#EveryoneDeservesCare: Daniella and Roxanne

July 21, 2022 / #EveryoneDeservesCare

Daniella is 28 years old, and she loves books, television, music, and spending time outdoors. She has RETT syndrome and lives at home with her mother, Roxanne. Daniella requires a high level of care as she is tube-fed, diapered, has no communication system, lacks functional hand usage and uses a wheelchair.

“Her days are very long because she is so limited in her abilities, and so she really spends most of her day watching television” shares Roxanne. Roxanne feels that sitting in front of a television for 8 hours a day is “a pretty low quality of life” for her daughter.

Roxanne does what she can to avoid Daniella sitting around, often reading to her and taking her for walks. However, Daniella would have a more active lifestyle if she received more direct care or could participate in an appropriate Day Program.

“To find somebody to do something with her or to find an activity for her to engage in has really been impossible,” notes Roxanne.

Finding care for Daniella has not always been so difficult. Roxanne shared the story of her initial request for services: she simply mailed a general inquiry to Montgomery County when Daniella was three years old. The response was prompt and Daniella was placed on a Medicaid-funded waiver program to receive 42 hours a week of nursing care.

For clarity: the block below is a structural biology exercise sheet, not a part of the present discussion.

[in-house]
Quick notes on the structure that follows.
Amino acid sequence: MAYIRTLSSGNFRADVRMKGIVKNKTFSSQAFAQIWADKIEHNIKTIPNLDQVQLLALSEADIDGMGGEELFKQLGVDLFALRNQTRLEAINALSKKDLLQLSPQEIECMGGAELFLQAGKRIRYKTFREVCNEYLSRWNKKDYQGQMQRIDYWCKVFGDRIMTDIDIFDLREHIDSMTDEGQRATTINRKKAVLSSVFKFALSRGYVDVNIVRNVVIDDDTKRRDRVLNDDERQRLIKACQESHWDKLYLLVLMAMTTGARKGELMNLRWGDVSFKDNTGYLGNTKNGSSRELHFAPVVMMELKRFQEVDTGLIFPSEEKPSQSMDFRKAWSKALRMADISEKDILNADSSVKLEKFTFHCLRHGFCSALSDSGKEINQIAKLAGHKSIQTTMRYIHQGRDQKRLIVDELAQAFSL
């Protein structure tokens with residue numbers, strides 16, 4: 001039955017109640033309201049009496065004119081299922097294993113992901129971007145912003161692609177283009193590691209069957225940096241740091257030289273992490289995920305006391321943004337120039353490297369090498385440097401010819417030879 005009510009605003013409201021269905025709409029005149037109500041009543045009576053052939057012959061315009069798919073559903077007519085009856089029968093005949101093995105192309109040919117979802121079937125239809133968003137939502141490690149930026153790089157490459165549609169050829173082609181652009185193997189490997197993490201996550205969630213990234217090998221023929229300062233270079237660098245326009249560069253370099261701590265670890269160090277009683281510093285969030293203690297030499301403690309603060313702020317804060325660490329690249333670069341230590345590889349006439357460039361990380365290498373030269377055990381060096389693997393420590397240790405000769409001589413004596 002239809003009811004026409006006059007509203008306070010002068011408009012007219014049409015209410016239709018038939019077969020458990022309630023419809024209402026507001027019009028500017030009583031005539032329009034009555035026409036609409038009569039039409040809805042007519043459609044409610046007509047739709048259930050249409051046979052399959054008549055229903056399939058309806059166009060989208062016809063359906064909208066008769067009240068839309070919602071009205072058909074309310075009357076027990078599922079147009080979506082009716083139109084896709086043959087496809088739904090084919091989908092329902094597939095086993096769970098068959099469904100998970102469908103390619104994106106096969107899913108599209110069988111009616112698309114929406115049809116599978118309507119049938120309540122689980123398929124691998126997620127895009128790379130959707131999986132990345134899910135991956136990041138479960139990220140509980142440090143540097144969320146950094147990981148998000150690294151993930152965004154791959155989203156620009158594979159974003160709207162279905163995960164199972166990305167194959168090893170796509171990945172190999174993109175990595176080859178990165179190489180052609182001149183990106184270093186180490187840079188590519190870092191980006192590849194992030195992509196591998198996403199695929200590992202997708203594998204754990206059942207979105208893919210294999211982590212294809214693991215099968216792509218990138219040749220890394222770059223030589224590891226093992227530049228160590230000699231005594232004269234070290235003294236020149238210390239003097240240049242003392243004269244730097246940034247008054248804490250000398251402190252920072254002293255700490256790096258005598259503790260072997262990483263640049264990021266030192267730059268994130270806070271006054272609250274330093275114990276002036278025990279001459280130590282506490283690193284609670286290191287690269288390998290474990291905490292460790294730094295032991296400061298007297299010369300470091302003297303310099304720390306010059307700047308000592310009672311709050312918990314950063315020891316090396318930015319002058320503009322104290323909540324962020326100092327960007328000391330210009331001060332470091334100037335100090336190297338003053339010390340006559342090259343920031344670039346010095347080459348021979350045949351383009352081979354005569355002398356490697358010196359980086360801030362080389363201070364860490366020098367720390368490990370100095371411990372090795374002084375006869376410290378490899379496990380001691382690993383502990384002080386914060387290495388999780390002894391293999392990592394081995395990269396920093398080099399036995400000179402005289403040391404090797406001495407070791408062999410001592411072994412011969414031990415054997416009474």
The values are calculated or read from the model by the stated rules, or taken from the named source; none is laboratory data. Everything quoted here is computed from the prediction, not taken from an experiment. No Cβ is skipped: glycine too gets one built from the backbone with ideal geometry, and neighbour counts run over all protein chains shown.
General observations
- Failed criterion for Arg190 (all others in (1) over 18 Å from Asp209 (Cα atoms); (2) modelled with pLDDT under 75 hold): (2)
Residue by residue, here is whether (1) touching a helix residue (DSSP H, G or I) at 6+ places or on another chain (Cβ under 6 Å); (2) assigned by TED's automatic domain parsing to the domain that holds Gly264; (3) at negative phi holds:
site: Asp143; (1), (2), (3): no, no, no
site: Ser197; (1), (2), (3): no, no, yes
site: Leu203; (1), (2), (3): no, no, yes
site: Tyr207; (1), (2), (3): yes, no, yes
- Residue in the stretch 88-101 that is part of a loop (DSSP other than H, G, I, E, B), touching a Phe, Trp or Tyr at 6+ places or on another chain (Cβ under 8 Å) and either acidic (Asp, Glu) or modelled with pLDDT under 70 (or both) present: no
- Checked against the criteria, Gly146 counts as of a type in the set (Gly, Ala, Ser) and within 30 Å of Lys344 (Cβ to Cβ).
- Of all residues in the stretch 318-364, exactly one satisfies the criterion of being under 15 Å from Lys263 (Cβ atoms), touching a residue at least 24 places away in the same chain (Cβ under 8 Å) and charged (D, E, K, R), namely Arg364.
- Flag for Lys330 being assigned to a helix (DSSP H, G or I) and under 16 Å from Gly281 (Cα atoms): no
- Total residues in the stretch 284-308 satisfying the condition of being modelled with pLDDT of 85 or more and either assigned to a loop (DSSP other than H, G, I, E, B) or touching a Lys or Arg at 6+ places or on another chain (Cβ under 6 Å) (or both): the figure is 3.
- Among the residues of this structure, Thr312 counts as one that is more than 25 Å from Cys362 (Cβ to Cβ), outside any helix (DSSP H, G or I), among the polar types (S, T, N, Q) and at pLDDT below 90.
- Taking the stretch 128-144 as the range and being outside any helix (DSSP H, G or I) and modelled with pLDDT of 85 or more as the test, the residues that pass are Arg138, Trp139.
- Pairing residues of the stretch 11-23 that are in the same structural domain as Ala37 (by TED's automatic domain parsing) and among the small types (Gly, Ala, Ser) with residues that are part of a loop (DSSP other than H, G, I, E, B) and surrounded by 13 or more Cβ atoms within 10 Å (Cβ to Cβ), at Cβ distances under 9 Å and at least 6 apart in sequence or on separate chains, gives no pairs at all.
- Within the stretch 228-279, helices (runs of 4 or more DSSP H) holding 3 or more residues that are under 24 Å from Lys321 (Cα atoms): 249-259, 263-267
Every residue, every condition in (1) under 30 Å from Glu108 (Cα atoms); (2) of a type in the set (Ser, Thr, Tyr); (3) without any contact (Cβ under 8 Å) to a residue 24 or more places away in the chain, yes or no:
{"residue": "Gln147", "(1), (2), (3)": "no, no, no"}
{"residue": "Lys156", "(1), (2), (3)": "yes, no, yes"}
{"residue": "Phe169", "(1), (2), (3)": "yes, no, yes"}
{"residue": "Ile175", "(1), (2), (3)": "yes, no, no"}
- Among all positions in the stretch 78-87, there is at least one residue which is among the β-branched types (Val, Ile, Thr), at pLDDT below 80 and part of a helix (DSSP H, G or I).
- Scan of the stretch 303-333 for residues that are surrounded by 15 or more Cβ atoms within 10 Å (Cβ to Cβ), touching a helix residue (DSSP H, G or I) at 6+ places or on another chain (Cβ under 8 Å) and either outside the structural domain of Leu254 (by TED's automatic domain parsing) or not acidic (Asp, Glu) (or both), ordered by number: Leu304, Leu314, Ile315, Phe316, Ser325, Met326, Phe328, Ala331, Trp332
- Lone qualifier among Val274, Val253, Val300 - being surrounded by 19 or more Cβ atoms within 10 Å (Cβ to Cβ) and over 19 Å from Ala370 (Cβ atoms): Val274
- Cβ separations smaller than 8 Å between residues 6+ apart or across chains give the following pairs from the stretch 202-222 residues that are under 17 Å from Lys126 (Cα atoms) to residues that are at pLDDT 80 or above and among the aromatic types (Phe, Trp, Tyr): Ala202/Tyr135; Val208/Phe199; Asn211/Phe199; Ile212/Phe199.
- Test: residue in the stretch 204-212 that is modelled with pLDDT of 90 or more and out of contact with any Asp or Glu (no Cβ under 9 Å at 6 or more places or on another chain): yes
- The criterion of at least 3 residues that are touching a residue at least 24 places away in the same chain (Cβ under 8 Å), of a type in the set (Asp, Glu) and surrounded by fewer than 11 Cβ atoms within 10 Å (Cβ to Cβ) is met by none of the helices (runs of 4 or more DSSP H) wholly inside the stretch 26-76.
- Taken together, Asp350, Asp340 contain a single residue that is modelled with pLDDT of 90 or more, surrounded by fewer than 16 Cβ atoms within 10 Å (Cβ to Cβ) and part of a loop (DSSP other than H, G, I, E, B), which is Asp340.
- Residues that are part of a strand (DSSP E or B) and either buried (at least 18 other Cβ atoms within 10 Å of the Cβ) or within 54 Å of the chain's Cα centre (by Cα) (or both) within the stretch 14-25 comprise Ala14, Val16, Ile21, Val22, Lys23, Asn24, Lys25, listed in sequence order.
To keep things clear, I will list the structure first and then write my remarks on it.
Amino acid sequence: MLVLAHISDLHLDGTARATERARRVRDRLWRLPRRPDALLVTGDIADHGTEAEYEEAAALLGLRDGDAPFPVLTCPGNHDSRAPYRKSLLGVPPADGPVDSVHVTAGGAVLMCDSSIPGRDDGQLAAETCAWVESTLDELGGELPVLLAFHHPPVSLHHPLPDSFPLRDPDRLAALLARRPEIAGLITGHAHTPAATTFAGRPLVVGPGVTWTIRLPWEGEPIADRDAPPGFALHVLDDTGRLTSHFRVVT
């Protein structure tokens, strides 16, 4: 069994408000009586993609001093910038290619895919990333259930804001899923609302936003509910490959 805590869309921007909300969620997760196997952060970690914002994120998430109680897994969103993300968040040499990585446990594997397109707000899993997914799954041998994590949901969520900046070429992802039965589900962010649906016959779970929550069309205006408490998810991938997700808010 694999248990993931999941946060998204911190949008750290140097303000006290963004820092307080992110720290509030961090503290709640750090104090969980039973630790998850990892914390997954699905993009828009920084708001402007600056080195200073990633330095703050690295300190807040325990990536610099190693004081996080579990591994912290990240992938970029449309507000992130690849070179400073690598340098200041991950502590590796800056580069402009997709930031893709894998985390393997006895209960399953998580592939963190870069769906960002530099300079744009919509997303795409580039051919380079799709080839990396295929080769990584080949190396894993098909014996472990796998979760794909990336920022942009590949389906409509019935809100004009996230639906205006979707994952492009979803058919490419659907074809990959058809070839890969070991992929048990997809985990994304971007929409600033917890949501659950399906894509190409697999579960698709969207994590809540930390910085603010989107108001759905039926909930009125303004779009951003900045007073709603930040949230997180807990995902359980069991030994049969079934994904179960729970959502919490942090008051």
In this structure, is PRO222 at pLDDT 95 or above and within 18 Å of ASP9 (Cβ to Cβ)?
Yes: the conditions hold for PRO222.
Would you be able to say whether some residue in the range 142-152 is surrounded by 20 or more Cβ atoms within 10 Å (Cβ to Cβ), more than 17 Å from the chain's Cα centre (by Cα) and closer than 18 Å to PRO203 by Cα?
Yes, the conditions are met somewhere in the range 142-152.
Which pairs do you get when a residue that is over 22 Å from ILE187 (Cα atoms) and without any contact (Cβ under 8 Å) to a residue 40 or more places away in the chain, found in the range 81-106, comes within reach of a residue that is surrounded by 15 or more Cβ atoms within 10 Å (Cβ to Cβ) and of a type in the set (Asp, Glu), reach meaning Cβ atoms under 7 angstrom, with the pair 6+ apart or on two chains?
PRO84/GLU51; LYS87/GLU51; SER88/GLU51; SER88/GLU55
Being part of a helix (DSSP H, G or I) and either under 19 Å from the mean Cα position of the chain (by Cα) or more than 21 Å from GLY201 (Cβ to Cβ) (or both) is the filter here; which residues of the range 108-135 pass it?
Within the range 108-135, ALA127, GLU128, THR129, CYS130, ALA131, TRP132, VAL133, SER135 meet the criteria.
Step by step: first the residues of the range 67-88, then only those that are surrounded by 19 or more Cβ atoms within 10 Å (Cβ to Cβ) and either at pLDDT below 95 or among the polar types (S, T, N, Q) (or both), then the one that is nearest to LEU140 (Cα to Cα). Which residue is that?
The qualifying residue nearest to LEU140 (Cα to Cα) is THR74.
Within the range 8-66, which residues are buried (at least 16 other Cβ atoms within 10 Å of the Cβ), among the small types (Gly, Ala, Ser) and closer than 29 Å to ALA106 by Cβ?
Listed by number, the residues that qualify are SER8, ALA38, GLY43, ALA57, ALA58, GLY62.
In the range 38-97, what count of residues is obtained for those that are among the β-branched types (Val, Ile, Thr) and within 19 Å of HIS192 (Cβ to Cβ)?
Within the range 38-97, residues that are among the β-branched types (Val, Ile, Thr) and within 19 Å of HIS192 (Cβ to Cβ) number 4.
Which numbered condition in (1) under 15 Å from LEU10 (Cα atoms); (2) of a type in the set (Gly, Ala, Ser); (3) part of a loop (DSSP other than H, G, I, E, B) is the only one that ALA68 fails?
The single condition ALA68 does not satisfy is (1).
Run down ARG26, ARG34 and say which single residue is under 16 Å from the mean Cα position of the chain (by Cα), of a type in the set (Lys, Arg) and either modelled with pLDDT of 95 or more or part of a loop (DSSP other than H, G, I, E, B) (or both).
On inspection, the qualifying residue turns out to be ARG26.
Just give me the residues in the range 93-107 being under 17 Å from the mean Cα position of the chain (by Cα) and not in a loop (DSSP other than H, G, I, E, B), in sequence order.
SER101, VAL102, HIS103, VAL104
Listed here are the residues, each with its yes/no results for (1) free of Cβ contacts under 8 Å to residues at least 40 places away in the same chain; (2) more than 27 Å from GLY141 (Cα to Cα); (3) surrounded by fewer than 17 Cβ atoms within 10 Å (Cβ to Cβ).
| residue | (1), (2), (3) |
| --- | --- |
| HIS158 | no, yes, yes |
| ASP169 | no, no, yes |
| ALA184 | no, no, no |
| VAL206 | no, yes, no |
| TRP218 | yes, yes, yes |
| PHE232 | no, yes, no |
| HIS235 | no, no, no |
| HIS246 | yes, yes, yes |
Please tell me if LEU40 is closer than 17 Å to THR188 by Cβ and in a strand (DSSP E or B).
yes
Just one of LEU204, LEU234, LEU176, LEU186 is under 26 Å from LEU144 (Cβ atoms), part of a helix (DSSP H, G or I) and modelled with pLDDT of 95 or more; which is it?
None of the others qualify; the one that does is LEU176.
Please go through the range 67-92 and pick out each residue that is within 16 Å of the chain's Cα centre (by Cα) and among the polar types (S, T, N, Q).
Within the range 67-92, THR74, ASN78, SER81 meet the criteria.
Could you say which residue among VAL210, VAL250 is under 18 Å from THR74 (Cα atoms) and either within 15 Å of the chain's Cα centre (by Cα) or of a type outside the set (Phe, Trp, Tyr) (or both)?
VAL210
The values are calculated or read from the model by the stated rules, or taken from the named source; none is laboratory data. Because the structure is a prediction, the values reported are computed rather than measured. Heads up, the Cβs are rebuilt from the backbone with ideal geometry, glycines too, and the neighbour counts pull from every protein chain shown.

Issues for the family developed when they moved to Colorado. After the move, it took over a year for Daniella to get on a waiver. Eventually, they returned to Ohio in 2012. However, Roxanne reports that since they left the state, it was extremely difficult to get Daniella back on a waiver. Daniella remained on a waitlist for eight years before finally getting enrolled on a waiver in 2020. Even then, placement on the waiver was essentially meaningless as no providers were available. Roxanne was only able to utilize the waiver by providing employees to an Ohio Department of Developmental Disabilities-certified agency that would add them to their payroll and bill for them. If she does not provide employees, she cannot use the waiver.

She had found these employees before Daniella was on waiver, through Nextdoor and other social media platforms. Those aides worked on a private pay basis. In order to have them work for an agency, Roxanne often employs and pays the workers for additional work, such as cleaning her house, to offset the low wages paid by the agencies. Roxanne believes these additional payments were the only way to ensure that workers would continue to return.

Initially, the services Daniella received allowed Roxanne to continue working full-time. However, eventually Roxanne had to quit her job, as they began facing issues with Daniella’s care. Roxanne ultimately decided that it was easier to quit work and care for Daniella herself. 

However, Roxanne admits that her inability to work full-time has created hardships for herself and Daniella. She wishes that she could have continued to work to build savings.

Currently, Daniella has 1:1 aides for 4 hours per day to provide her care, and she is authorized for another 4 hours a day of nursing care. Roxanne notes that for the past two years she has only able to staff two nights a week of nursing care.